But it really is a cold and rainy day in Virginia, and the next day or so promise to bring even more of the same kind of inclement weather. For one of only two or three times in its long history, the West Point Crab Carnival has been cancelled. The Occasion for the Arts in Williamsburg has also been cancelled. The Williamsburg Book Festival at nearby Bruton Parish Church will go on as planned but with definitely less potential to draw big crowds.

In past years, I've participated in all three events. Once, long ago, at the Occasion for the Arts, I crouched for many hours beneath a sheet of plastic, protecting a selection of tug boat paintings, both under glass and on canvas.

Three years ago, I was one of the authors seated behind a mound of books at the first Williamsburg Book Festival. Because the event was in a location not close to the main activities that day, authors made very few sales. It was a discouraging day for profits, yet it was fun to be with other authors.

I'm sorry about the craftspeople who have worked so hard over the past months to create all sorts of items for sale. Many crafts are crab items which are a main stay for the Crab Carnival but more difficult to sell elsewhere.

If we avoid the dangers of a major hurricane, that is a good thing. We'll recall the sunny days and beautiful weather from past Carnivals and book signing events. Perhaps Christmas on the Town activities in our communities will help make up for the October losses. A cold and rainy day is actually a very good time to paint, craft, or write.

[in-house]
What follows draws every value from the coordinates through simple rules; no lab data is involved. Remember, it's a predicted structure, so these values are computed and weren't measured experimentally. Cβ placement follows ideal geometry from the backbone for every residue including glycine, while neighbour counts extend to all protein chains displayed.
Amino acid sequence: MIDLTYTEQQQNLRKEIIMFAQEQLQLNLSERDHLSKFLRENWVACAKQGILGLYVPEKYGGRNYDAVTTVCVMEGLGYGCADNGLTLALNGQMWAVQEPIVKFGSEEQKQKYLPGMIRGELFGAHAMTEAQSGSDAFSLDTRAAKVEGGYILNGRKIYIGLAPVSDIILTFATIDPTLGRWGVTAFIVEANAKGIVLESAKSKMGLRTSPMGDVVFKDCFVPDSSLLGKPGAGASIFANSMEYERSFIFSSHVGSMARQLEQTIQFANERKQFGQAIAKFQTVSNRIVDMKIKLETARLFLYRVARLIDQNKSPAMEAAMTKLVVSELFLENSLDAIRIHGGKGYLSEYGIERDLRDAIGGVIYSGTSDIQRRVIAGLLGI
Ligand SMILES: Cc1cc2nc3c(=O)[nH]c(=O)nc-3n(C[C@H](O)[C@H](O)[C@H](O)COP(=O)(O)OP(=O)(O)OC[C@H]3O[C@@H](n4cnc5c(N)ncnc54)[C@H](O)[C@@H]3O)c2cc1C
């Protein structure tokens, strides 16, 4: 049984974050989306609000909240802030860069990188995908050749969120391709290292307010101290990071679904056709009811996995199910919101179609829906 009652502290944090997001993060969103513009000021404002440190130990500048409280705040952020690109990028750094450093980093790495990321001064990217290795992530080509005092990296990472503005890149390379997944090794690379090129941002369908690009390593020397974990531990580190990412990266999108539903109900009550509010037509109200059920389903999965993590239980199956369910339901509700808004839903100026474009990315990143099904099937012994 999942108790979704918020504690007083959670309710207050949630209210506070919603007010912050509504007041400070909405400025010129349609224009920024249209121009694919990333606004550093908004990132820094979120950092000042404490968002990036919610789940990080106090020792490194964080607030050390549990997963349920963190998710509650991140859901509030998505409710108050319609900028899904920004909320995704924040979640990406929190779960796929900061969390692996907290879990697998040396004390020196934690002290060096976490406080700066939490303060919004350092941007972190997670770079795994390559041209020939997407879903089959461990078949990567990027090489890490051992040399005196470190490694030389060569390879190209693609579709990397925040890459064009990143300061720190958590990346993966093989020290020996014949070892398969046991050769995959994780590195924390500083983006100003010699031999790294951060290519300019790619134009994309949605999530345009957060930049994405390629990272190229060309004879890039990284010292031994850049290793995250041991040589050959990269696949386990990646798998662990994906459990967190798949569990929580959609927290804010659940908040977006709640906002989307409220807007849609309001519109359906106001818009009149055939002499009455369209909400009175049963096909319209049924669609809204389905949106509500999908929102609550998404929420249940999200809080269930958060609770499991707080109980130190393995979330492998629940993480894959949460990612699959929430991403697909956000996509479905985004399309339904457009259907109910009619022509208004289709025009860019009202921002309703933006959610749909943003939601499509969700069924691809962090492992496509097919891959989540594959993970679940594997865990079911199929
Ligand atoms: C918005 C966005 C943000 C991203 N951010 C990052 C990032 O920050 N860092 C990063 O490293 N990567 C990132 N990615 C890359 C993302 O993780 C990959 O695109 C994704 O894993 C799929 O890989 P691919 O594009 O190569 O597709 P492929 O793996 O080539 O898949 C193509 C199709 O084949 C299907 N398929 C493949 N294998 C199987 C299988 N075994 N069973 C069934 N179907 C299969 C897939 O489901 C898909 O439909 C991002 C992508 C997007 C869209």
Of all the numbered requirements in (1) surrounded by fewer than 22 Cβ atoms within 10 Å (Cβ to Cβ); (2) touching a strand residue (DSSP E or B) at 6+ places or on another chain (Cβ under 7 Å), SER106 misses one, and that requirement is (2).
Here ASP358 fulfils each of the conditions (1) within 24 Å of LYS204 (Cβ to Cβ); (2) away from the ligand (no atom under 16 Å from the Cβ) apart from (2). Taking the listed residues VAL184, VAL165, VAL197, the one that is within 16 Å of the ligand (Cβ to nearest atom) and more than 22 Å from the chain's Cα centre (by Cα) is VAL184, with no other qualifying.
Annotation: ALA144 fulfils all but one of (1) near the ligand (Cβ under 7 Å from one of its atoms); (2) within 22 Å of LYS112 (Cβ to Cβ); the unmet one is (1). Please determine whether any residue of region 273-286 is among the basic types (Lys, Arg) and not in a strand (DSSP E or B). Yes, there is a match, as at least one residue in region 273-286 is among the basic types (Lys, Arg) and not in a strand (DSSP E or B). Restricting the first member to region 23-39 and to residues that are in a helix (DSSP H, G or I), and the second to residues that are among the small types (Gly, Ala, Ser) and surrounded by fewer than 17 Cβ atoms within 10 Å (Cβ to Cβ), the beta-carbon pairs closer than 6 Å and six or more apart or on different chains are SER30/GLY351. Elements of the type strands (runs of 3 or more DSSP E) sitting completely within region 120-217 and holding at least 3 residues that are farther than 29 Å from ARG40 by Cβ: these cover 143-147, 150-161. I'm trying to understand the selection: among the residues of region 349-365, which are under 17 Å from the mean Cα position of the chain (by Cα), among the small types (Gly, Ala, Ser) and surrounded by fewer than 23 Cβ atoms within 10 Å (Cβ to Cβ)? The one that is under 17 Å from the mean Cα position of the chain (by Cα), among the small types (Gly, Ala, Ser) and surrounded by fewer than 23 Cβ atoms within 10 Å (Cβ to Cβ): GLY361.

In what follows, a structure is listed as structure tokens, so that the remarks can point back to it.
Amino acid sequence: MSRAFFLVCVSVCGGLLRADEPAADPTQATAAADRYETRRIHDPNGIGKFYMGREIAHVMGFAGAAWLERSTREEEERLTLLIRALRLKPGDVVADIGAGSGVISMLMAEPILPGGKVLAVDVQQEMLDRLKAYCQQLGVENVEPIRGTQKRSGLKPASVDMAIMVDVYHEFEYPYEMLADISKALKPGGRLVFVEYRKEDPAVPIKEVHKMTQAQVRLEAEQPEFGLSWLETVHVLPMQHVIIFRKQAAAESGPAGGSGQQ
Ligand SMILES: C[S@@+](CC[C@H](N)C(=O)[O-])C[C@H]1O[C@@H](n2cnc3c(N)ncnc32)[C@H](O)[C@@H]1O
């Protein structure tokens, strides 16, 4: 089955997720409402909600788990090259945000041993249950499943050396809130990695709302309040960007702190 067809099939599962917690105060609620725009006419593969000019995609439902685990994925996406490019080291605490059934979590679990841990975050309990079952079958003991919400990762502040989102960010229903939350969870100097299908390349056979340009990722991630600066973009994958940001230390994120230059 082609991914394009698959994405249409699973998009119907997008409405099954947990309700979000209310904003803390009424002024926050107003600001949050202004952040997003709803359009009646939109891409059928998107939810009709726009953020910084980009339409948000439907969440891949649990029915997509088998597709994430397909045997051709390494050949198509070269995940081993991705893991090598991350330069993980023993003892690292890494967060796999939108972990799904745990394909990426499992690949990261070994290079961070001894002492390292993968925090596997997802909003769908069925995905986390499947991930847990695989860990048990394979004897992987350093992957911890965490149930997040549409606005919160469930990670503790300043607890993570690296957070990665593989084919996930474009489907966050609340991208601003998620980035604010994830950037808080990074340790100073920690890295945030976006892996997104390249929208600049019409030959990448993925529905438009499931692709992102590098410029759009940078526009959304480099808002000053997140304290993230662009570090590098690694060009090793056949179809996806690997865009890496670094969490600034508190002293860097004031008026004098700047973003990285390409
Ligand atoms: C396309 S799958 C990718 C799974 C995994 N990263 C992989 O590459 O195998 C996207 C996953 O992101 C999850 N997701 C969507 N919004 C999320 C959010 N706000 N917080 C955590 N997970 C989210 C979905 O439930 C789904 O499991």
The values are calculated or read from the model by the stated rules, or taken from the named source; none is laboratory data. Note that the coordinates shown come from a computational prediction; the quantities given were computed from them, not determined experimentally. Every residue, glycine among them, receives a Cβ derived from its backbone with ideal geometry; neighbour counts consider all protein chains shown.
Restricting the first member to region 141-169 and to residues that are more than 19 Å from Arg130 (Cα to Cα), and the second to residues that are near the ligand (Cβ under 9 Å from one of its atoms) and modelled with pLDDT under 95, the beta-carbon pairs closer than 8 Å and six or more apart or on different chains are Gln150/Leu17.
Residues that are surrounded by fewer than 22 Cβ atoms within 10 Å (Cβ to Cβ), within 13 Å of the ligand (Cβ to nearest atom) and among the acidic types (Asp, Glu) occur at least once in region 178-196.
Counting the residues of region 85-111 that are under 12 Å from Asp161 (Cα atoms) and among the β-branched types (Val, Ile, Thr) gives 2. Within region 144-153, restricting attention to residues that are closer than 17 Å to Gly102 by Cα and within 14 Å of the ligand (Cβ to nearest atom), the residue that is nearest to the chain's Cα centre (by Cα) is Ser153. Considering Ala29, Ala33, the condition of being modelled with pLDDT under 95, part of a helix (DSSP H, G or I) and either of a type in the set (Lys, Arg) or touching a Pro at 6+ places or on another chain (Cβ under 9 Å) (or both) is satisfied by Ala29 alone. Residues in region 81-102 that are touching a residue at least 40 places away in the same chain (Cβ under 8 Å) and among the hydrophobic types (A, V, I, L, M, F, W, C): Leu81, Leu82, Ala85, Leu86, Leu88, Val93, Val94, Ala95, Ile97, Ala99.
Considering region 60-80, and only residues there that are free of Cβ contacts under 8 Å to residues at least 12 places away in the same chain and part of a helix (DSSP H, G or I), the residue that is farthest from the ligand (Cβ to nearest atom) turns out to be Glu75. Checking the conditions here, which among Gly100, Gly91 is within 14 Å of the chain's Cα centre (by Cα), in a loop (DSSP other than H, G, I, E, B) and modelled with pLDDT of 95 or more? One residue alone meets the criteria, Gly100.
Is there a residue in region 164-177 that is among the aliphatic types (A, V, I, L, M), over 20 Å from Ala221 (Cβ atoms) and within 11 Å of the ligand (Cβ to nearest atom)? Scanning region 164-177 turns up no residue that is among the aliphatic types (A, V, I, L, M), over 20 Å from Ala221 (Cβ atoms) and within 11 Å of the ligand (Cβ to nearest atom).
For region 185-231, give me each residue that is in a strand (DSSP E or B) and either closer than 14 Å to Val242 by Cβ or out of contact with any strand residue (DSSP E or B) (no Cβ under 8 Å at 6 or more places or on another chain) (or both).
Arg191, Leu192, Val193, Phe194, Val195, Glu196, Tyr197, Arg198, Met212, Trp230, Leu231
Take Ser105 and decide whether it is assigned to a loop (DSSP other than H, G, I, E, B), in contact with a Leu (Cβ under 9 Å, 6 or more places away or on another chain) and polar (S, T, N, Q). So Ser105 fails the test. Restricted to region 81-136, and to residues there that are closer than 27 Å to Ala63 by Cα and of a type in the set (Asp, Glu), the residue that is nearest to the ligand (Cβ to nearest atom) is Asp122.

Perhaps that is a very good line to start a book.

"It's a cold and rainy day."

Wednesday, September 23, 2015

Painting Show for Farrah Brings Life to a Book Signing

Evening of the Dragonfly Book Signing and Art Show
Having a book signing to go with my painting show for Farrah Ferand, the artist heroine of Evening of the Dragonfly, creates lots of possibilities for talking with readers. Book signings are all too often awkward affairs. The art show is fun and came about as an idea for the A to Z Blog Challenge. The paintings helped me, as the author, get to know Farrah much better than I did while writing her story.

The art show for my character makes me wonder about other unique ways to promote books. What is the profession of the hero or heroine? Or what hobby is important to a character to the book?

Thinking outside the box can produce a flurry of ideas for authors who struggle with book signings. Being your character and dressing the part is still one of the most fun things I've seen authors do.
"Looking at Farrah's Art Show" ©Mary Montague Sikes

Thanks to Arts Alive in West Point for the opportunity for Farrah's Art Show which will hang in the Art Center until October 13.

Fractal Art